Martedì, 18 Settembre 2018
MILAN

Ex-spy chief 'stunned' by ruling on CIA snatch sentence

English
© ANSA

Milan, April 5 - Former Italian intelligence
service chief Nicolo' Pollari on Friday said he was "stunned"
after judges issued their explanation for the 10-year sentence
they gave the ex-top spy in February for his role in the CIA
abduction of a Muslim cleric from the streets of Milan in 2003.
"In Italy, those who do their job are persecuted. Those who
observe the law are condemned," Pollari told ANSA.
On Friday judges said Pollari allowed the CIA to commit "a
grave violation of national sovereignty" when they snatched
Muslim cleric Hassan Mustafa Omar Nasr.
Pollari provided "support" for the controversial operation,
which was subjected to the world's first judicial examination of
the controversial US practice of extraordinary rendition in the
so-called war on terror.
On February 12 the Milan appeals court convicted ex-SISMI
(now AISE) chief Pollari over the abduction of Nasr, and gave
his former No.2, Marco Mancini, nine years.
They had both been acquitted because of a State-secrecy
injunction on two previous occasions.
Last September Italy's top court of appeals upheld the
convictions of 22 CIA agents and a retired US air force officer
found guilty of abducting Nasr.
The Court of Cassation confirmed the seven-year sentences
for 22 of them and a nine-year term for former Milan station
chief Robert Seldon Lady.
The justice ministry said Italy might ask for extraditions,
but that has not happened so far.
Even if it were to occur, the US is unlikely to accede to
such a request.
Nasr, an Islamist suspected of recruiting jihadi fighters,
disappeared from a Milan street on February 17, 2003 and emerged
from an Egyptian prison four years later claiming he had been
tortured.
The cleric, who is also known as Abu Omar, did not attend
the trial, nor Pollari's, at which he was awarded one million
euros in damages.
Nasr was snatched by a team of CIA operatives with SISMI's
help and taken to a NATO base in Ramstein, Germany, en route to
Cairo.
In the closely watched case, the agents' terms were
lengthened from 5-8 years to 7-9 years in December 2010.
The prosecution had sought convictions ranging from eight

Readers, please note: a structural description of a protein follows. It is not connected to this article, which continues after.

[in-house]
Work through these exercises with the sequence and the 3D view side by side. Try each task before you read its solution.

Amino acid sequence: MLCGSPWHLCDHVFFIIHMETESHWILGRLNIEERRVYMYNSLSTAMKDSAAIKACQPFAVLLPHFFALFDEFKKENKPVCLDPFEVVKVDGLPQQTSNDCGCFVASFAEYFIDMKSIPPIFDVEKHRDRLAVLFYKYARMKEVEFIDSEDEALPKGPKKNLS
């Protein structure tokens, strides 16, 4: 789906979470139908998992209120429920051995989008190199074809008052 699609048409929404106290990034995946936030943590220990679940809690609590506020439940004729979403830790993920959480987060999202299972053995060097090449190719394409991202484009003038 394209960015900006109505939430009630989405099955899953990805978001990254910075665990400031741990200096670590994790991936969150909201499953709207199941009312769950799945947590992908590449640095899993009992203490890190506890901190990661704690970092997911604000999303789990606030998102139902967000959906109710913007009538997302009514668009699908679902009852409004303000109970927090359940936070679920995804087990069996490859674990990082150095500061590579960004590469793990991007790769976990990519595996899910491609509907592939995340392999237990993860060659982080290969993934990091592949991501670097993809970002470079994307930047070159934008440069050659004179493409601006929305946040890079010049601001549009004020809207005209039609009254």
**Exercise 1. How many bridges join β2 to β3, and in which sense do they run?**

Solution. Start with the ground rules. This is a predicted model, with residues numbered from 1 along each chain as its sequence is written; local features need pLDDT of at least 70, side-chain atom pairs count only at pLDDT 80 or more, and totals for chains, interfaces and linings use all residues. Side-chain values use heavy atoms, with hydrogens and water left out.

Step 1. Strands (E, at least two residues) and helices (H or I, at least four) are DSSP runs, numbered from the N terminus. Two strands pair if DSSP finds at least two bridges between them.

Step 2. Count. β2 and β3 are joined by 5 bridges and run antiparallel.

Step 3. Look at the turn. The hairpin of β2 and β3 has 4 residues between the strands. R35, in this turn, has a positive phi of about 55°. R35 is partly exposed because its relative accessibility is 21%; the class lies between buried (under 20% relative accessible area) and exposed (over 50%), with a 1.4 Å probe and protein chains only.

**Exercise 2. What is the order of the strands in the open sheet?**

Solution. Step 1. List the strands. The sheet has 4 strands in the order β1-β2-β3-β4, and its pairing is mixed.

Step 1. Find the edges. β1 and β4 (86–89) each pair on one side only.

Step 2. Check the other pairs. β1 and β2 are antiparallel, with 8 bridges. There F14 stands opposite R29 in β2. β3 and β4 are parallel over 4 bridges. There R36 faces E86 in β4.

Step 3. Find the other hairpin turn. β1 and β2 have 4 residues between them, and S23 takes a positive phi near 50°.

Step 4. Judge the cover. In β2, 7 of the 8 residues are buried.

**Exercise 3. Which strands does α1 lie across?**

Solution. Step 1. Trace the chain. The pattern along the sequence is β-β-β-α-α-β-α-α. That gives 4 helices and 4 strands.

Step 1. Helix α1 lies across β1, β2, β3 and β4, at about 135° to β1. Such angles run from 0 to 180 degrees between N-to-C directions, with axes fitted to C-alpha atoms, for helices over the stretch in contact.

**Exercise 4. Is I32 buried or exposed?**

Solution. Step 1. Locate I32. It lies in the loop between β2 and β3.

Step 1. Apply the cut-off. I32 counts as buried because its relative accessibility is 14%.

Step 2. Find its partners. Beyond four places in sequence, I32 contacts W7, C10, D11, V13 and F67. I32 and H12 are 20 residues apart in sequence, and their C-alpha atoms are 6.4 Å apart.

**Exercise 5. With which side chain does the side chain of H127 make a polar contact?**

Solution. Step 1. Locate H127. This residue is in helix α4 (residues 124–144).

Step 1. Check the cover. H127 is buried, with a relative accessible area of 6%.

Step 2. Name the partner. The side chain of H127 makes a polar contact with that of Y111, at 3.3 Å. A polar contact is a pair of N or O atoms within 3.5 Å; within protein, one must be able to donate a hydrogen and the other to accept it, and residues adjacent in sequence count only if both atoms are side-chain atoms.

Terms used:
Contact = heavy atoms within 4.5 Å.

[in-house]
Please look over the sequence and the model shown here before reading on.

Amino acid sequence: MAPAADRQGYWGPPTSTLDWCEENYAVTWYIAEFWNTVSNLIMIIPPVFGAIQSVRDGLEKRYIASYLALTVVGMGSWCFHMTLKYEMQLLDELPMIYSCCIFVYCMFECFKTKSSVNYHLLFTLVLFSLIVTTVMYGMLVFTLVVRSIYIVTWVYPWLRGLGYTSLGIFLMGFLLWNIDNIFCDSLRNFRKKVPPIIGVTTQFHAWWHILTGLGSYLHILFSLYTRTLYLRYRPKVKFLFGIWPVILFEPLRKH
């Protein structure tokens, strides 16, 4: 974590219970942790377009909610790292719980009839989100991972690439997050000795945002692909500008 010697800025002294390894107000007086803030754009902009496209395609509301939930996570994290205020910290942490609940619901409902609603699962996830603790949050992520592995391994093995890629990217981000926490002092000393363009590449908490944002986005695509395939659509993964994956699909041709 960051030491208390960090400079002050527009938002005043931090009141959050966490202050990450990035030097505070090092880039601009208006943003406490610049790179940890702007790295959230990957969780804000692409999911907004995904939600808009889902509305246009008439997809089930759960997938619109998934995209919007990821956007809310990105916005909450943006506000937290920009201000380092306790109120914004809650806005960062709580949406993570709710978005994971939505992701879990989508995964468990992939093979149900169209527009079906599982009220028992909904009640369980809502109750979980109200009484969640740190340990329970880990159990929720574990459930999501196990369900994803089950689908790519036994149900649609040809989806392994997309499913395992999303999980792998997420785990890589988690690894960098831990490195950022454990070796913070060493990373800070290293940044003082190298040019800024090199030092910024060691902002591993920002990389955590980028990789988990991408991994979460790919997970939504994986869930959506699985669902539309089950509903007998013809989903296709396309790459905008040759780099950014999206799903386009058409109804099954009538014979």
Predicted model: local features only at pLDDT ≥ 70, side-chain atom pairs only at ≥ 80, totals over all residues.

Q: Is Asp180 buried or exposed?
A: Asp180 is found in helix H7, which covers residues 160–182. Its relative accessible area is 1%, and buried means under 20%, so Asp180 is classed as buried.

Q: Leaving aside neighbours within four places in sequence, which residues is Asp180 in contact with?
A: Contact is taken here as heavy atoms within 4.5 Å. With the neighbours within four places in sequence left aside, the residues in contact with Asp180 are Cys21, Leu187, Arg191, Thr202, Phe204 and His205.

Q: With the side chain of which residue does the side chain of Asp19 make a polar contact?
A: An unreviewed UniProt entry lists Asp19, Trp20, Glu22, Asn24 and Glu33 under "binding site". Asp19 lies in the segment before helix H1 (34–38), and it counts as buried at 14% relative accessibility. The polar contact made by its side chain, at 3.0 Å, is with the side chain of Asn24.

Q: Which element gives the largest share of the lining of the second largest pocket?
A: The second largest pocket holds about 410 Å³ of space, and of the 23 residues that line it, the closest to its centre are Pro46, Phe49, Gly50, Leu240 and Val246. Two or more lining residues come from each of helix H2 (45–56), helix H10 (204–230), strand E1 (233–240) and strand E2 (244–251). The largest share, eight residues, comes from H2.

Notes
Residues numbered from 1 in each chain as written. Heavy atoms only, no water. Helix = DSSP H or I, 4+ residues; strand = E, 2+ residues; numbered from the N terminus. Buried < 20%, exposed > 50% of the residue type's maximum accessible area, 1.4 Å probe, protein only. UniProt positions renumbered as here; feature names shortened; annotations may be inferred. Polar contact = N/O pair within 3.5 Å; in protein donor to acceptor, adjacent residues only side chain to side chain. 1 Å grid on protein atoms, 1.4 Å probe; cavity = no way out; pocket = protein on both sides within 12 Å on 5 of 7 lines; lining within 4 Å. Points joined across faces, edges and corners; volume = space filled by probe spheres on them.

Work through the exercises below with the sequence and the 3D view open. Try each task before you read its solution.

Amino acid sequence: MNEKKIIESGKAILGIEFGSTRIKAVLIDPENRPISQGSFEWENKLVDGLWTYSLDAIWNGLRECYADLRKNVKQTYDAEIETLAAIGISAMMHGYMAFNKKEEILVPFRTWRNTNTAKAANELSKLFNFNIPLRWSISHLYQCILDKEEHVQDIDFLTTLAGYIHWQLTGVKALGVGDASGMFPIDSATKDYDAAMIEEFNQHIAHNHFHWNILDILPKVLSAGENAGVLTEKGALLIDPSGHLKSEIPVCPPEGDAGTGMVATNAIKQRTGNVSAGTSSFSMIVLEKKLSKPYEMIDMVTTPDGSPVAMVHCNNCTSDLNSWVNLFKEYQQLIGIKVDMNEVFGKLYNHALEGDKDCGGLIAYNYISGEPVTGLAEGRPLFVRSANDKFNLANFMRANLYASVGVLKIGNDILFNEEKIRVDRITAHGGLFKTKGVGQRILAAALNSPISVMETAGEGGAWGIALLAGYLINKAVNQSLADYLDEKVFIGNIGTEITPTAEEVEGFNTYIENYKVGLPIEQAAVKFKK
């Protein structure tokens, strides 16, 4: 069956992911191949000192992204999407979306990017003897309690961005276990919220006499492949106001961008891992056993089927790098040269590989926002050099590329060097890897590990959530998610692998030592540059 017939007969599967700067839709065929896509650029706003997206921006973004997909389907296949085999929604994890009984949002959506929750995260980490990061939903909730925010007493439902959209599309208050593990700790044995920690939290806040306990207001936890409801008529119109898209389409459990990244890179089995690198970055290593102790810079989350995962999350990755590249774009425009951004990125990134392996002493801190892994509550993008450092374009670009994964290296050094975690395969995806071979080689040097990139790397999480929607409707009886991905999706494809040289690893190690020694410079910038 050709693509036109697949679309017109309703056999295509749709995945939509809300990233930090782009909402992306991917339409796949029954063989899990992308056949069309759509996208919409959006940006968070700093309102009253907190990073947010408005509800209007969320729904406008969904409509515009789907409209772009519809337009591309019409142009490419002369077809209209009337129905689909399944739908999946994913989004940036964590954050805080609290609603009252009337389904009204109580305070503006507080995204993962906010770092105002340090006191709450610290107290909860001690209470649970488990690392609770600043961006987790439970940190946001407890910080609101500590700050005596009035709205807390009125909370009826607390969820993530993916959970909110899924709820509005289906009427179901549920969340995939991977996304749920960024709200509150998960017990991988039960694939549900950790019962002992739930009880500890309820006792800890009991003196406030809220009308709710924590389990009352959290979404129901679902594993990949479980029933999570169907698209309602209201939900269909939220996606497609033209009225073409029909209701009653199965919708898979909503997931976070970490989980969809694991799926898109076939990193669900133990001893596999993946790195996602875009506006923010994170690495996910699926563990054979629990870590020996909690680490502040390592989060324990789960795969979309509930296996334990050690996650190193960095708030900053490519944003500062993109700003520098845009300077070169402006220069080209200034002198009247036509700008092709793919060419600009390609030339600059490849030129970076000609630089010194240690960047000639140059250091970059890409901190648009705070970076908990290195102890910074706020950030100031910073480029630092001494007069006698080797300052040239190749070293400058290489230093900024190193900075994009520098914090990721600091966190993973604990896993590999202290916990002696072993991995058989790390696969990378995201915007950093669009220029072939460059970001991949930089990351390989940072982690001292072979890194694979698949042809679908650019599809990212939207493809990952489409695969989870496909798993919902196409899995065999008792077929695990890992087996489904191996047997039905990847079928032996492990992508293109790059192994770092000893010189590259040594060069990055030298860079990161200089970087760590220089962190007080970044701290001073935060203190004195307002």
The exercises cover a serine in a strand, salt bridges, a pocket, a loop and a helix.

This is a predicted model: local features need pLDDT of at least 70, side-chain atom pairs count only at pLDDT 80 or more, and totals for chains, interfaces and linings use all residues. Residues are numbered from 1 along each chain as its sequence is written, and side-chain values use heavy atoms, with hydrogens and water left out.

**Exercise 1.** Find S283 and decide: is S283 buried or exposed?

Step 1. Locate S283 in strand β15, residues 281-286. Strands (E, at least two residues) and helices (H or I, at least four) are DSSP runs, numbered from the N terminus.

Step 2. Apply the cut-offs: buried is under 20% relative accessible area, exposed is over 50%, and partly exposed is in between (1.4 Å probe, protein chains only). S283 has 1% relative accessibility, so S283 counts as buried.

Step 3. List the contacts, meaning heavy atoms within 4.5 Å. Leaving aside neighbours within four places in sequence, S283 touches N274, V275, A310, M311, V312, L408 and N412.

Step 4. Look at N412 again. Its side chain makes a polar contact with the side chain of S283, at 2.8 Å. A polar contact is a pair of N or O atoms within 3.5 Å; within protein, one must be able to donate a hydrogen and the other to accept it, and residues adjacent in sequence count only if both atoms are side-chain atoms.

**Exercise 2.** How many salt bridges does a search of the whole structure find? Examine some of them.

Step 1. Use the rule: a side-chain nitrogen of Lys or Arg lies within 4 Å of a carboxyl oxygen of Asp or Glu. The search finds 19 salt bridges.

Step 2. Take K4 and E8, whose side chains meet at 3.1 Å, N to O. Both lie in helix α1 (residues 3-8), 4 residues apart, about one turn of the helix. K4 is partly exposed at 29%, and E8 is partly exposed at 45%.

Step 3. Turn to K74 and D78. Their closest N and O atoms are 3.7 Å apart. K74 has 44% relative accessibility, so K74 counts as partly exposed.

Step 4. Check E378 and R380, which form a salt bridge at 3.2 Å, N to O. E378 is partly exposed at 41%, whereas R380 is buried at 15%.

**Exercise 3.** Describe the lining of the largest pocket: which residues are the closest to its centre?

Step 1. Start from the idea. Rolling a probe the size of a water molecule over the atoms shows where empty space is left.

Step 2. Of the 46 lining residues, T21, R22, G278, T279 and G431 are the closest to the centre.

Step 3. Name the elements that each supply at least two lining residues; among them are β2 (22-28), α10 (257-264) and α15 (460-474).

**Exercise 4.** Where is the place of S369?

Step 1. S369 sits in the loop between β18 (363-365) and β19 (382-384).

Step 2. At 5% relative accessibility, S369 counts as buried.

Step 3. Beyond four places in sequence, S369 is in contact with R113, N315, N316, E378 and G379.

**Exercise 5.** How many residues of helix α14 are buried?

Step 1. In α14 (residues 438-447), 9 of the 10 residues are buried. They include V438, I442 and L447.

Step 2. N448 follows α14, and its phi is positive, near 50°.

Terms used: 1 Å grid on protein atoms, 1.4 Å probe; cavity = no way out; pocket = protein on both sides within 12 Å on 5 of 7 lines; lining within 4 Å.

to 12 years for the 23.
But the CIA's former Italy chief, Jeff Castelli, was
excluded from the proceedings at the last minute on a
technicality along with two other operatives, Betnie Medero and
Ralph Russomando. For the three, acquitted at the first trial in
November 2009 on the grounds of diplomatic immunity, the appeals
process started from scratch.
The prosecutor in the trial had requested a 12-year
sentence for Castelli and eight years for the other two. The
court also ordered the 22 CIA officers and the retired colonel
to pay one million euros in damages to Nasr and 500,000 euros to
his wife.
None of the CIA operatives have ever appeared in court
here.
US-ITALIAN FRICTION. The case had caused friction between
Italy and the United States, which voiced its "disappointment"
with the 2010 verdict.
Former Italian foreign minister Franco Frattini said he
sympathised with US concerns, noting that the judiciary in Italy
was independent but despite this, the Italian government had
obtained the secrecy injunction.
Some of the agents had said they were worried they would
become international fugitives but Frattini said he "didn't
think they would go to jail".
Extraordinary rendition was first authorised by former
American president Bill Clinton in the 1990s and stepped up when
his successor George W. Bush declared war on terror after the
September 11, 2001 attacks by Al-Qaeda.
Successive Italian governments denied all knowledge of the
case and consistently ruled out the possibility of extradition.
During the trials the CIA had refused to comment and its
officers were silent until Lady, the ex-Milan chief, told an
Italian daily in August 2009 that he was only following orders.
Lady, who has now retired, said from an undisclosed
location that he was "a soldier...in a war against terrorism".
The trial of Nasr claimed headlines worldwide and stoked
discussion of rendition, which was extended by President Barack
Obama in 2008 under the proviso that detainees' rights should be
respected.
The Council of Europe, a 47-nation human rights body,
called Nasr's case a "perfect example of rendition".

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